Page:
Virus Follows User to New Computer
Q: I had an old laptop running XP Pro. A couple weeks ago, every time I would connect to the Internet via DSL or wireless, the hard drive light would come on, as if it were writing something to the hard drive. It would cause IE to run slower than dial-up. I looked in task manager, and although the CPU usage was high, there didn’t seem to be a process listed that was using it. I used LavaSoft Ad-Aware to scan on a regular basis as well as Norton 2005. I eventually gave up and bought a new laptop (Vista Home), which now has the same problem.
It is obviously related to something that I copied over to the new computer from the old computer. But the thing is, Norton Internet Security isn’t picking up a virus. I used it to scan everything before copying it on to the new computer. Has anyone heard of such a thing or had the same problem? I’d much rather be able to find and remove the problem than restore.
A: Based on your description, I have a few suggestions that could help lead you in the right direction toward solving this issue. The first thing I would look into is your virus-scan software. If you have not updated your virus-scan definitions in a while, it could be possible that your virus-scan software cannot detect new viruses. Check with your virus-scan vendor to see if your software is up-to-date, and make sure you are running the latest version.
A good way to detect whether you have a virus that is attempting to connect to the Internet is by installing a software firewall on your machine. Windows XP Pro comes with a firewall as part of Microsoft Windows XP Service Pack 2, which can be enabled through the Control Panel. If the virus is trying to use the Internet to spread, the firewall will detect this unauthorized access and let you know.
Running LavaSoft Ad-Aware will help you find and eliminate obstructive adware programs but will not help you eliminate viruses. Also, make sure your Ad-Aware software is up-to-date. Having all of your software up-to-date is always a good start for solving these types of problems.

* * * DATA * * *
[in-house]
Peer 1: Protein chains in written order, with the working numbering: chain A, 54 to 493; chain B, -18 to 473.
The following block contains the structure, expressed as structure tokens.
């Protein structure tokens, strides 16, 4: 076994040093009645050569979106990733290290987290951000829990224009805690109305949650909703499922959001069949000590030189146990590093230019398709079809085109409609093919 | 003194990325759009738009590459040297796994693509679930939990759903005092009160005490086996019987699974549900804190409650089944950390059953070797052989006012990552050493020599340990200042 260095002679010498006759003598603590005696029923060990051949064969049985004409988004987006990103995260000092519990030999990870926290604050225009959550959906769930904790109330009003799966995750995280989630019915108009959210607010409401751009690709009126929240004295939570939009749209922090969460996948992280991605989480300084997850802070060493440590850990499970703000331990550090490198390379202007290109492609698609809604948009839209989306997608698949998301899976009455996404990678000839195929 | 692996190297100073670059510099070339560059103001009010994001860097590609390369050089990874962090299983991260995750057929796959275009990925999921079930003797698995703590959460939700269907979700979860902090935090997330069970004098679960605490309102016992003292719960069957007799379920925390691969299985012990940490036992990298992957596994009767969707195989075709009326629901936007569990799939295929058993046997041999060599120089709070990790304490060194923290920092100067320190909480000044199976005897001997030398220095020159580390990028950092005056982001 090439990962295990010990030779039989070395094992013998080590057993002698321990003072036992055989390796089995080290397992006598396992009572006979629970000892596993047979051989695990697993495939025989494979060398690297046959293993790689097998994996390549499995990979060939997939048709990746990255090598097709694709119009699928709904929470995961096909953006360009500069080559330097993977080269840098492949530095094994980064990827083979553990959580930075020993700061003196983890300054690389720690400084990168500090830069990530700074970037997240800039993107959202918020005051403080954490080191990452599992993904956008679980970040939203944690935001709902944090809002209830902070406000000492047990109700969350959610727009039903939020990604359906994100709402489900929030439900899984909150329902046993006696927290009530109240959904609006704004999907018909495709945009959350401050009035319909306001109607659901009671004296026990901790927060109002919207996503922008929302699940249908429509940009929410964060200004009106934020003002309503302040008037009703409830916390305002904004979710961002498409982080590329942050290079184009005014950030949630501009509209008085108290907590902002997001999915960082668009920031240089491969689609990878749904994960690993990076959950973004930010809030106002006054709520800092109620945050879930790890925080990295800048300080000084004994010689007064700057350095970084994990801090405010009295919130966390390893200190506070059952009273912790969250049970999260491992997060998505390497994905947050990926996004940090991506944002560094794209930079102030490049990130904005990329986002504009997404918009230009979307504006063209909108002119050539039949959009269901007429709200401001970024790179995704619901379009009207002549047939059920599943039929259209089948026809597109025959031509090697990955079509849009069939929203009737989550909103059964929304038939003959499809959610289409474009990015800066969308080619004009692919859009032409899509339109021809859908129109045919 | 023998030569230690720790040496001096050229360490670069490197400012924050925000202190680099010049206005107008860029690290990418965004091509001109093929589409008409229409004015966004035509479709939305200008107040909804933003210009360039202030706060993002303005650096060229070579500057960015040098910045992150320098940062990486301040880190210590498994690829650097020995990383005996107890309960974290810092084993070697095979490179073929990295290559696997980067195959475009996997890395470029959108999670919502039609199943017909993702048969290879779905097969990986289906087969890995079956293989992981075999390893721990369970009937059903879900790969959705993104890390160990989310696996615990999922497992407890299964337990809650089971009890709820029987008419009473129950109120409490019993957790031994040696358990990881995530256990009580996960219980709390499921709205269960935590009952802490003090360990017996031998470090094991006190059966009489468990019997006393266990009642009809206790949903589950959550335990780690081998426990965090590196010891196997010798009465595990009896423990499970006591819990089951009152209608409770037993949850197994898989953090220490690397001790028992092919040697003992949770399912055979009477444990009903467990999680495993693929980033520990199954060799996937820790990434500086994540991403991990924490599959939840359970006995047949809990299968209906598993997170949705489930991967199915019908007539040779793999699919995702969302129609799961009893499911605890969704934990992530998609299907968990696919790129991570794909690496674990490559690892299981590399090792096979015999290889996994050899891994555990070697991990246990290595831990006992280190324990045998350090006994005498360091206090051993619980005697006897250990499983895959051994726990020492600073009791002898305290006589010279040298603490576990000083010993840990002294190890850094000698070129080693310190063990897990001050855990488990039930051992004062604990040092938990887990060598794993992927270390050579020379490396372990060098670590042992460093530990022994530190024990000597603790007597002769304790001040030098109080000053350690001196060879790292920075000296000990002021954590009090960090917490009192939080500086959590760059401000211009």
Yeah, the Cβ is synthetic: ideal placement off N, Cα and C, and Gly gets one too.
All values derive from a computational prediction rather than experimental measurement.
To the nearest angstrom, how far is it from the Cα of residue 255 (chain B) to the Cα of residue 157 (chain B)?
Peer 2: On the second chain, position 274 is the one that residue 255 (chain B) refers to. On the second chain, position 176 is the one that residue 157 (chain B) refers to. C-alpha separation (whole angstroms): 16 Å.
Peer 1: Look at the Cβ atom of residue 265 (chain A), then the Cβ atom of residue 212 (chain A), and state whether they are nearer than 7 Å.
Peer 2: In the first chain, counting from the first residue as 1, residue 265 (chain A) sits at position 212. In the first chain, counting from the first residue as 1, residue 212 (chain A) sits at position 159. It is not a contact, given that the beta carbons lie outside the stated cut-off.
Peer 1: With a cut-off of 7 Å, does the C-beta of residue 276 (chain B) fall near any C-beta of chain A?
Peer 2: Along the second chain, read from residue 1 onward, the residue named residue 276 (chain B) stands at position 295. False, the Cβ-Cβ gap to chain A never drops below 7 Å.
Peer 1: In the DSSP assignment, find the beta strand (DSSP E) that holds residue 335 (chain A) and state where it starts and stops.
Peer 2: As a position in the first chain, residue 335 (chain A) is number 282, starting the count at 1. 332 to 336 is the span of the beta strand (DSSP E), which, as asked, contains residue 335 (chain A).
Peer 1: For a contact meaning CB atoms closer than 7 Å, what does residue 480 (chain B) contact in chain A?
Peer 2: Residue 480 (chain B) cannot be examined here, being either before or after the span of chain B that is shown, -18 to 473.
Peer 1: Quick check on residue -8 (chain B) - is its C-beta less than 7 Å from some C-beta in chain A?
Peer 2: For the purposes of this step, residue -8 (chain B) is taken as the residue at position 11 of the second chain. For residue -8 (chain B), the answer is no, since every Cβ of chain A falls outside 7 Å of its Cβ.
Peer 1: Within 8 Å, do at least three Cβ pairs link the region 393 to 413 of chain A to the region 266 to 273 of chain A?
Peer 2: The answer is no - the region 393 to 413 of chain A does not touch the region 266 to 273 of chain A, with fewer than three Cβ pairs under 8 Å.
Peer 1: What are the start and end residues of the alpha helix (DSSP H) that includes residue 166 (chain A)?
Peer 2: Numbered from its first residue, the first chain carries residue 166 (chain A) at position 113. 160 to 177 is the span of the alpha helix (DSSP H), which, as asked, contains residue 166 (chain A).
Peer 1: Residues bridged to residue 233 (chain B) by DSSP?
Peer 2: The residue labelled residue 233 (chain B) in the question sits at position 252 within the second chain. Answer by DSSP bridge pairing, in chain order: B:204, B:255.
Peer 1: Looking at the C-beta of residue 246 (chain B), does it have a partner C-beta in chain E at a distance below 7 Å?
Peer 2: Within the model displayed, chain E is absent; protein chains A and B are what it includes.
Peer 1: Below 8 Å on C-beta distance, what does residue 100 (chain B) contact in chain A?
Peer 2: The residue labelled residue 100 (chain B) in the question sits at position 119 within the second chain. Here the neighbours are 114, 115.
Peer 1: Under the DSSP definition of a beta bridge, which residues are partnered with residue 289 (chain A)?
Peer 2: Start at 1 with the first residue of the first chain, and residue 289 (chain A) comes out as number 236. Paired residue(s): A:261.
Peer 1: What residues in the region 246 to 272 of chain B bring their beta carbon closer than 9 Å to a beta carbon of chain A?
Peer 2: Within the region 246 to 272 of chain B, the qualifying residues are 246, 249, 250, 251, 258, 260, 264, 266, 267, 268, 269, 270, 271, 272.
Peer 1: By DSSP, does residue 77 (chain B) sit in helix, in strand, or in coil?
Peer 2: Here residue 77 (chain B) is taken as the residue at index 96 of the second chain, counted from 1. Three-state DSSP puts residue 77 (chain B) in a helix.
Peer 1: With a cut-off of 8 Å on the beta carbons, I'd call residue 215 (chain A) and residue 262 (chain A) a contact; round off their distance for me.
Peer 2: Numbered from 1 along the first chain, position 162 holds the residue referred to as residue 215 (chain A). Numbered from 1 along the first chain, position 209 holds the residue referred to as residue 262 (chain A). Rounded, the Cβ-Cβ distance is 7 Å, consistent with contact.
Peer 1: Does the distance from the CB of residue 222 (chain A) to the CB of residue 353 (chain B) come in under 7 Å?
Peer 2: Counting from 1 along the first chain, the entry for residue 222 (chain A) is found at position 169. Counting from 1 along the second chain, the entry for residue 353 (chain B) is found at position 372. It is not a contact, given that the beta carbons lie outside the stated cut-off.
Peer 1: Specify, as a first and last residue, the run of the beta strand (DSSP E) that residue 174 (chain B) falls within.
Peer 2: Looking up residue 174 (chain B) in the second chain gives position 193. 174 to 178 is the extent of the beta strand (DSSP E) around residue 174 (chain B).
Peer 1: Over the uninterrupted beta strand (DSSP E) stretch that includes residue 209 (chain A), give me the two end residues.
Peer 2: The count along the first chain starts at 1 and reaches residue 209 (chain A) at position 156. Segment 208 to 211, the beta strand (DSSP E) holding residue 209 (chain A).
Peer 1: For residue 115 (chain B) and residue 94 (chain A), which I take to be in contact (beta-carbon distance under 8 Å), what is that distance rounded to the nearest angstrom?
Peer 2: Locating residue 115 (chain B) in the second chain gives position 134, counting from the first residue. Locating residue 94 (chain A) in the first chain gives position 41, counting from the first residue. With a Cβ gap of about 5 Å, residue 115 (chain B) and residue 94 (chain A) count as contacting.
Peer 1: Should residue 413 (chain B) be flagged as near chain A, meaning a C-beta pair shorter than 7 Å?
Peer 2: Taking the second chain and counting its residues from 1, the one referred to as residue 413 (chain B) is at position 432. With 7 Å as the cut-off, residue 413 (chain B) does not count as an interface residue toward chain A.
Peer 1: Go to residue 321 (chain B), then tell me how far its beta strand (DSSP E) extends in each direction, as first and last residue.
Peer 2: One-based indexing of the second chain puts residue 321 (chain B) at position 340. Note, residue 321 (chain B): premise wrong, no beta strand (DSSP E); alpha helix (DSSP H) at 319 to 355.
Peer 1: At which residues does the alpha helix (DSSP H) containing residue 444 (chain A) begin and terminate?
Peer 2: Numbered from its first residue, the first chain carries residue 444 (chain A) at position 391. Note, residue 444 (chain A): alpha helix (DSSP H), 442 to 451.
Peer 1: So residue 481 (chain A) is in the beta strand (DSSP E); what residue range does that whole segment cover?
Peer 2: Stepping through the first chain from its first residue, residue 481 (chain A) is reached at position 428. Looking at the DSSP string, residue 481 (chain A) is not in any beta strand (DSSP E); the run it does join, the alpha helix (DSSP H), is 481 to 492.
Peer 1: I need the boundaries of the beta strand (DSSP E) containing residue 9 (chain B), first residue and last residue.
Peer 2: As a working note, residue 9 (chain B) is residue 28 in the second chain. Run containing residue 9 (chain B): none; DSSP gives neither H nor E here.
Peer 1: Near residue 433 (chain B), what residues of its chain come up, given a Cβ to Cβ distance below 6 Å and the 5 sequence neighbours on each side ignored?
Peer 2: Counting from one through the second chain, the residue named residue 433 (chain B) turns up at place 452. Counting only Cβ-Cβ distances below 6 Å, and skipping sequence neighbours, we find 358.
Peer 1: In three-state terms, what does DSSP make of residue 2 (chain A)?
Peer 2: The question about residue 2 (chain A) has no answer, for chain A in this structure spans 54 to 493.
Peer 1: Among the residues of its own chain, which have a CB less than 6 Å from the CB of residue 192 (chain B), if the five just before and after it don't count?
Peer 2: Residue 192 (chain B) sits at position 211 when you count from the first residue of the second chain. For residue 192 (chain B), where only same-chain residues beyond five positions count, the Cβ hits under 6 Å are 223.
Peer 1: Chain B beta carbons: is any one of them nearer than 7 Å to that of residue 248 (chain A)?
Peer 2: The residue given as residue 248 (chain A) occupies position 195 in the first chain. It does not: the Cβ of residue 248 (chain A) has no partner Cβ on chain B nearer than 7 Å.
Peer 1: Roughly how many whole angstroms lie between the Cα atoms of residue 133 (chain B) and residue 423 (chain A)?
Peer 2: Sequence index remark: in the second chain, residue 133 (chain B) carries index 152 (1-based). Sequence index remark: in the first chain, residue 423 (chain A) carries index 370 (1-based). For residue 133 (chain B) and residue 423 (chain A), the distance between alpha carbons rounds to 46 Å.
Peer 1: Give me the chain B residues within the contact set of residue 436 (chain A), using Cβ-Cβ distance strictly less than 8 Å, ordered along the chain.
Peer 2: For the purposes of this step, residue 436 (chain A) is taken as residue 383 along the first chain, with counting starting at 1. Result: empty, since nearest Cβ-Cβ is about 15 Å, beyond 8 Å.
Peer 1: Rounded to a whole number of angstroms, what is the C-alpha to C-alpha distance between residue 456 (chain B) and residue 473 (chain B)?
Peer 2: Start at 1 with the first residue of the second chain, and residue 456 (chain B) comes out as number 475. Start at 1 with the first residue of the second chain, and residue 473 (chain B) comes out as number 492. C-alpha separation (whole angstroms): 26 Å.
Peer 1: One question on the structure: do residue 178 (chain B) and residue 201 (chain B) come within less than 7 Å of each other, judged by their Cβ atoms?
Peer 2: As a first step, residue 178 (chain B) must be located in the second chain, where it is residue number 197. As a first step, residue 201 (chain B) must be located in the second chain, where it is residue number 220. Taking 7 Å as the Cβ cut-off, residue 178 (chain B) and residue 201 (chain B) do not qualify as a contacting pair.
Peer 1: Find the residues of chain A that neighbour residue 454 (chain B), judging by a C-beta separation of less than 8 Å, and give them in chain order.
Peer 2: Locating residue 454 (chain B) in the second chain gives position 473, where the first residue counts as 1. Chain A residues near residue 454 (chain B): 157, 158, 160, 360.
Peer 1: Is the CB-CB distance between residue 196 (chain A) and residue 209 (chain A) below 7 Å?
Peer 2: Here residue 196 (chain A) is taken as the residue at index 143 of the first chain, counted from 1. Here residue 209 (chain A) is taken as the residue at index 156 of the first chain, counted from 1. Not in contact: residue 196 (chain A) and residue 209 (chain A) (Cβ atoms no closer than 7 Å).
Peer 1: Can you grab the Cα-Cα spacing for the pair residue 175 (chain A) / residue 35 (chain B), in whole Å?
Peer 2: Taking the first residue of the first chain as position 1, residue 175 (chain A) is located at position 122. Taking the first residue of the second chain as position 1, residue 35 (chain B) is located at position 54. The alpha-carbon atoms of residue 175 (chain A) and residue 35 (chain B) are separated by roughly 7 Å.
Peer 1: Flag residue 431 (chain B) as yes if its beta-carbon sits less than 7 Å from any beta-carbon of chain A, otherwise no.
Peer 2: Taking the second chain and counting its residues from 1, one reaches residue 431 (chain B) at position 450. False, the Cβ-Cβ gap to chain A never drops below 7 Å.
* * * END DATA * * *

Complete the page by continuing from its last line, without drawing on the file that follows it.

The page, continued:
If you have tried this and are still having problems when connecting to the Internet, another thing you can look into is what type of software you’ve installed in the past. If you have Google Desktop installed, it will connect to the Internet for indexing purposes, which could slow down your computer or your connection.
There have been issues reported with certain wireless mouse or keyboard peripherals that disrupt the indexing process. Check this and other software such as old versions of Instant Messenger software that may be causing issues. Use Add/Remove Programs to remove any unnecessary programs from your computer that are out-of-date or no longer used.
You mentioned that you looked in Windows Task Manager and did not see a process using the CPU. Take a second look in Windows Task Manager, and make sure the check box at the bottom of the window, labeled “Show processes from all users,” is in checked state. This check box allows you to see the processes that may be running under other Windows accounts.
If you have more than one Windows account on your machine, there could be processes running under another identity that you cannot see without that box checked.
Make sure you are using the proper modem, as some inexpensive models and internal modems are not made to handle certain speeds of data transfer. DSL speeds are affected by the network’s location. The further you are from the central office of the telephone company, the slower your high-speed Internet connection will be. Some wiring in older homes may also be the cause of a slow Internet connection.
Finally, always make sure your Windows software is consistently updated.
Andrew Bonslater, MCTS, MCSD, MCAD, is a solutions developer for mid- to large-sized organizations. He is a thought leader with Crowe Chizek in Chicago. He can be reached at firstname.lastname@example.org.